We’re all familiar with the timeless fairytale Sleeping Beauty, but “beauty sleep” is far from fiction. (It’s true—nowadays, even scientists will tell you failing to get enough solid shuteye can wreak havoc on the body.) Of course, sleep does a whole lot more for our bodies than just keeping wrinkles at bay (although that’s a pretty great benefit). Plenty of research reveals that without sleep, the mind deteriorates at a rapid pace. Sleep is when our brains develop new memories, subconsciously process the prior day’s events, and remove harmful toxins. In a way, you can consider sleeping your mind and body’s own personal rejuvenating vacation each and every night.
It’s clear that sleep is important, but for countless people, it’s also elusive. Both the CDC and National Sleep Foundation recommend adults sleep for at least seven hours nightly. Unfortunately, insomnia rates are reportedly sky-high since the onset of the COVID-19 pandemic. This study published in Sleep Medicine even estimates an astounding 37% increase in clinical insomnia rates since 2020.
If there’s a silver lining to be found in all of this, it’s that you’re not alone if you’ve been staring at your bedroom ceiling more often lately. Still, that knowledge will likely hold little comfort after night three or four of poor sleep.
So, what can you do to get back to some truly restful, rejuvenating slumber that will help you feel younger? We spoke with a number of accredited sleep coaches and specialists, and one habit kept coming up over and over: It’s key to create a personalized, relaxing bedtime routine that will help ease your mind to sleep and signal to your body it’s time to let go of the day’s tensions.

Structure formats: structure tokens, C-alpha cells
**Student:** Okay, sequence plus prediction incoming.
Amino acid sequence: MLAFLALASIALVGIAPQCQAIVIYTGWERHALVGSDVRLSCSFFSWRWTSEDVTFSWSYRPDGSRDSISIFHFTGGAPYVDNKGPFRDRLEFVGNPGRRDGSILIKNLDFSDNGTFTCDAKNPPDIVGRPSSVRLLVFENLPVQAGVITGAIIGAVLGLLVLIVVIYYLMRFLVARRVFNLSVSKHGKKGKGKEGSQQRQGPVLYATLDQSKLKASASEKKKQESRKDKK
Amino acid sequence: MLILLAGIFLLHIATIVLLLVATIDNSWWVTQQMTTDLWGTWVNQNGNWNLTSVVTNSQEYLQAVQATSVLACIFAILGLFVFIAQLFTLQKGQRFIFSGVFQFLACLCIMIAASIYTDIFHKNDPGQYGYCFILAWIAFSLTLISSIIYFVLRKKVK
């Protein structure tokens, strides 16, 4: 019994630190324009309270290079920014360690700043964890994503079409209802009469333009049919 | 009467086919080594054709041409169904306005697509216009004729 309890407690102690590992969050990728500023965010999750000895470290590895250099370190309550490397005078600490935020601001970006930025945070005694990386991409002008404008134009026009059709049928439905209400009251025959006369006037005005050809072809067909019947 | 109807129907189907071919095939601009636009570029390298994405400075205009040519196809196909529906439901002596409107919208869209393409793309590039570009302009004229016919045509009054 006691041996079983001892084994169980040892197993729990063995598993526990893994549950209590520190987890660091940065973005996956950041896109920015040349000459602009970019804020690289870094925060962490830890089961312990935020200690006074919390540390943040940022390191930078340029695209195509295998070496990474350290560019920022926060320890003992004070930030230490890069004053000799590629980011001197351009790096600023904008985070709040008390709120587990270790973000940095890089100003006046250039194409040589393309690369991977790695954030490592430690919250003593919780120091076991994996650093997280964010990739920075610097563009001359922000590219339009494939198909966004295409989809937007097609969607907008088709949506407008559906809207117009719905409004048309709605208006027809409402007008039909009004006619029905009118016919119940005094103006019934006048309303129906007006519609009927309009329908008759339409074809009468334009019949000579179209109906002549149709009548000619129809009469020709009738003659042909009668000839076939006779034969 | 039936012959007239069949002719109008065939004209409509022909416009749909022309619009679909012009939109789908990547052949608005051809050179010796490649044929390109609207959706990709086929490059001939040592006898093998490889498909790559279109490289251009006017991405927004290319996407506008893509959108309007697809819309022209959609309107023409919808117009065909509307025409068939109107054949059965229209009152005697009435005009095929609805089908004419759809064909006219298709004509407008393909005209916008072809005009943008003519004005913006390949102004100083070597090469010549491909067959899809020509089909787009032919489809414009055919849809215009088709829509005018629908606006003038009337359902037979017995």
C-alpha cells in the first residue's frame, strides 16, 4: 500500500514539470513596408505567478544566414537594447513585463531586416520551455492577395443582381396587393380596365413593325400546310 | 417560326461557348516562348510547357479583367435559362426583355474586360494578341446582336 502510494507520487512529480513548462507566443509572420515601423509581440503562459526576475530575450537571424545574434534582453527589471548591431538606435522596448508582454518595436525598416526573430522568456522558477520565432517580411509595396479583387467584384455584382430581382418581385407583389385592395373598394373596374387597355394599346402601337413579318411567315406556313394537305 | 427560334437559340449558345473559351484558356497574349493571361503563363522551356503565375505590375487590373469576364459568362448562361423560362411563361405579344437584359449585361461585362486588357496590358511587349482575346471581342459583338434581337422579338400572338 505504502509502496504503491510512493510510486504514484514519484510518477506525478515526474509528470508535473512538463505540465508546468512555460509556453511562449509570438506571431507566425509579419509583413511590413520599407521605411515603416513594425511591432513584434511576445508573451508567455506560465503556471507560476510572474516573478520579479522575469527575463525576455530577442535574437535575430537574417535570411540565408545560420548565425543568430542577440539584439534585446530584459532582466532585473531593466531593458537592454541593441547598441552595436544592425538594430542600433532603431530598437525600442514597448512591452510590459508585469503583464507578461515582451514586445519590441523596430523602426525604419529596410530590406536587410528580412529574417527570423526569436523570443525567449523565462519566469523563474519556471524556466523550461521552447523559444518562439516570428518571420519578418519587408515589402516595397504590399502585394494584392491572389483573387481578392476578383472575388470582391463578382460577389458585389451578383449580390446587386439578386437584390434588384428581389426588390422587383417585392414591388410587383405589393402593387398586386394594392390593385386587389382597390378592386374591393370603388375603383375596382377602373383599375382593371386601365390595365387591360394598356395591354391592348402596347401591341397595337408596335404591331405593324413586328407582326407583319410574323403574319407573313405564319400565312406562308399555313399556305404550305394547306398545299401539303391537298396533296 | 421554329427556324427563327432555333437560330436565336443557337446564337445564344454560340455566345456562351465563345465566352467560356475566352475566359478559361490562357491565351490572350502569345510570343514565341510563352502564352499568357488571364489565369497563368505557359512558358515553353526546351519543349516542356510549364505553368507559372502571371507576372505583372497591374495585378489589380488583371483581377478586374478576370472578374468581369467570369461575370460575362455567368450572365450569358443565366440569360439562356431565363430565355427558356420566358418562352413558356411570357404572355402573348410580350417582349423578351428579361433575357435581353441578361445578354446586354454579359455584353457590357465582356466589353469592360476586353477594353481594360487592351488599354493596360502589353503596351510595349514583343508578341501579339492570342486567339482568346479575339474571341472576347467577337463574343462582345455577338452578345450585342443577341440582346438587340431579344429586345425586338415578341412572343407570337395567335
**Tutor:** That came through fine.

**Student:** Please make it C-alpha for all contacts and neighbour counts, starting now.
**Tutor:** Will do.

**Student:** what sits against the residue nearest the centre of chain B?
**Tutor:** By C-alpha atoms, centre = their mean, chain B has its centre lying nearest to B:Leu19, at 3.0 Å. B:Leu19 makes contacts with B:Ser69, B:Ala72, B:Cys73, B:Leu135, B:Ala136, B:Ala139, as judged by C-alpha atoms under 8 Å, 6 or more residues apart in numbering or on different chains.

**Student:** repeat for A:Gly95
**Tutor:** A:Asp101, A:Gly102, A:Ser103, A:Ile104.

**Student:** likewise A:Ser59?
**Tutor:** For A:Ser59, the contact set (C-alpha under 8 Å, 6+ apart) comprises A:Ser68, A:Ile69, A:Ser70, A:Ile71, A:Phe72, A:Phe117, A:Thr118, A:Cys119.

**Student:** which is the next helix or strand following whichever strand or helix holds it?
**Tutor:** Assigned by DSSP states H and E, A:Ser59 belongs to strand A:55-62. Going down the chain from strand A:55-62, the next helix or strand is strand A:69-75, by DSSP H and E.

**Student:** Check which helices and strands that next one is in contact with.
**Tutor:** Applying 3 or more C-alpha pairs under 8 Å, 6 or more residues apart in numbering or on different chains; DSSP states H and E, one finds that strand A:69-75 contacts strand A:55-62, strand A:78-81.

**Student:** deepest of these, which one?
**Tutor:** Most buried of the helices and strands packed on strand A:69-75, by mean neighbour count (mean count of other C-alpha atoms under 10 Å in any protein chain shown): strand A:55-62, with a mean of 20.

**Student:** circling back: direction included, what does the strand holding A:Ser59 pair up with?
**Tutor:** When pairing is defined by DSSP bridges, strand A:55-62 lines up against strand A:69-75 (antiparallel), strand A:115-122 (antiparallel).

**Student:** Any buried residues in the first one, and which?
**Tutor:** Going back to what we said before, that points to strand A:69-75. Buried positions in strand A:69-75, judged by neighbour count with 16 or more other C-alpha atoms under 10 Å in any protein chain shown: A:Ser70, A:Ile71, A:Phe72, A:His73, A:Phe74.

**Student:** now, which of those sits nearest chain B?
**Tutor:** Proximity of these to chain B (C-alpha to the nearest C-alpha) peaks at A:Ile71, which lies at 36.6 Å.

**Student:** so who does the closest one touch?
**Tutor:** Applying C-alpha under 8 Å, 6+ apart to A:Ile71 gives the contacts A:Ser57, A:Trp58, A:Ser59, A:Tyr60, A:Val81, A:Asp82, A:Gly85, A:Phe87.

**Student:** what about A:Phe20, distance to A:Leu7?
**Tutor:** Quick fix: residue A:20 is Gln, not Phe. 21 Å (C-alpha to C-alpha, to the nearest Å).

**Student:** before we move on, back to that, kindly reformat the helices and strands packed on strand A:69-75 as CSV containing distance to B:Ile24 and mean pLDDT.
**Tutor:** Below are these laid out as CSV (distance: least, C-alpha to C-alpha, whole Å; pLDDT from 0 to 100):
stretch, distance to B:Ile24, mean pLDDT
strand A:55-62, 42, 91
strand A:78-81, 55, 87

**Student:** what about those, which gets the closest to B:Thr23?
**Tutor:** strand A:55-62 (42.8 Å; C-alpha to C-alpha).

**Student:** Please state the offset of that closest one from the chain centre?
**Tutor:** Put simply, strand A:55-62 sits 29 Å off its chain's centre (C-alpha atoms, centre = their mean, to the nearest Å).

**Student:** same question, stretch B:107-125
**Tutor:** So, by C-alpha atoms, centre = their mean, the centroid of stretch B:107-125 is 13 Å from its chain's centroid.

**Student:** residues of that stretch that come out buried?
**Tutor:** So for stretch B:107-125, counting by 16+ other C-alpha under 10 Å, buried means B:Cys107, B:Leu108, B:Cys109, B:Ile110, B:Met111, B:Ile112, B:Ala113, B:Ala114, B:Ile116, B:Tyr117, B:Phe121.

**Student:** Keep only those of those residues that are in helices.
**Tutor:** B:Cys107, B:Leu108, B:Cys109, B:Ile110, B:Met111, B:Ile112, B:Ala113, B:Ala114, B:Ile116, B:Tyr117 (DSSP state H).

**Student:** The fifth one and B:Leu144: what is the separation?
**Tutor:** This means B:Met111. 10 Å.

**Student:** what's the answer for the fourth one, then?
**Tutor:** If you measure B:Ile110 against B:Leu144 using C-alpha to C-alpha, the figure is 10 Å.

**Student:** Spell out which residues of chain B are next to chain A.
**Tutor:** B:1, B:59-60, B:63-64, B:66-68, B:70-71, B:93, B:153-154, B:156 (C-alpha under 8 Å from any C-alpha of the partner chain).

“In the clinic, we advocate a ‘buffer zone’ or wind-down routine of 30 to 45 minutes to put space between the day and bedtime,” explains Dan Ford BA, MA, PGDipCBT (Dist), MISCP, Regd NZPsB, a sleep psychologist at The Better Sleep Clinic.
It won’t happen overnight, but finding the right recipe for nighttime relaxation is well worth the extra effort or needed schedule adjustments. Your habitual, relaxing routine will help you fall and stay asleep—and you’ll wake up each morning feeling incredibly refreshed, restored, and yes, even younger!
Perhaps the best part is that you get to choose how you prepare for sleep and enter your relaxing “buffer zone.” Read on to learn some further suggestions from sleep specialists on how to create the perfect sleep buffer zone. And for more, check out Meghan Markle and Kate Middleton’s Sleep Routines—Revealed.
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Everyone has their own nighttime routine, and the notion of changing yours may seem unpleasant at first. Just remember—if you’re not sleeping well, your usual routine is failing you and it’s time for a change.
You’ve probably heard that meditation is a great way to unwind, but clearing your mind of thoughts from the day isn’t an easy task. Instead, you may want to try a few minutes of yoga each night before bed, where you can focus on your breathing and stretch it out.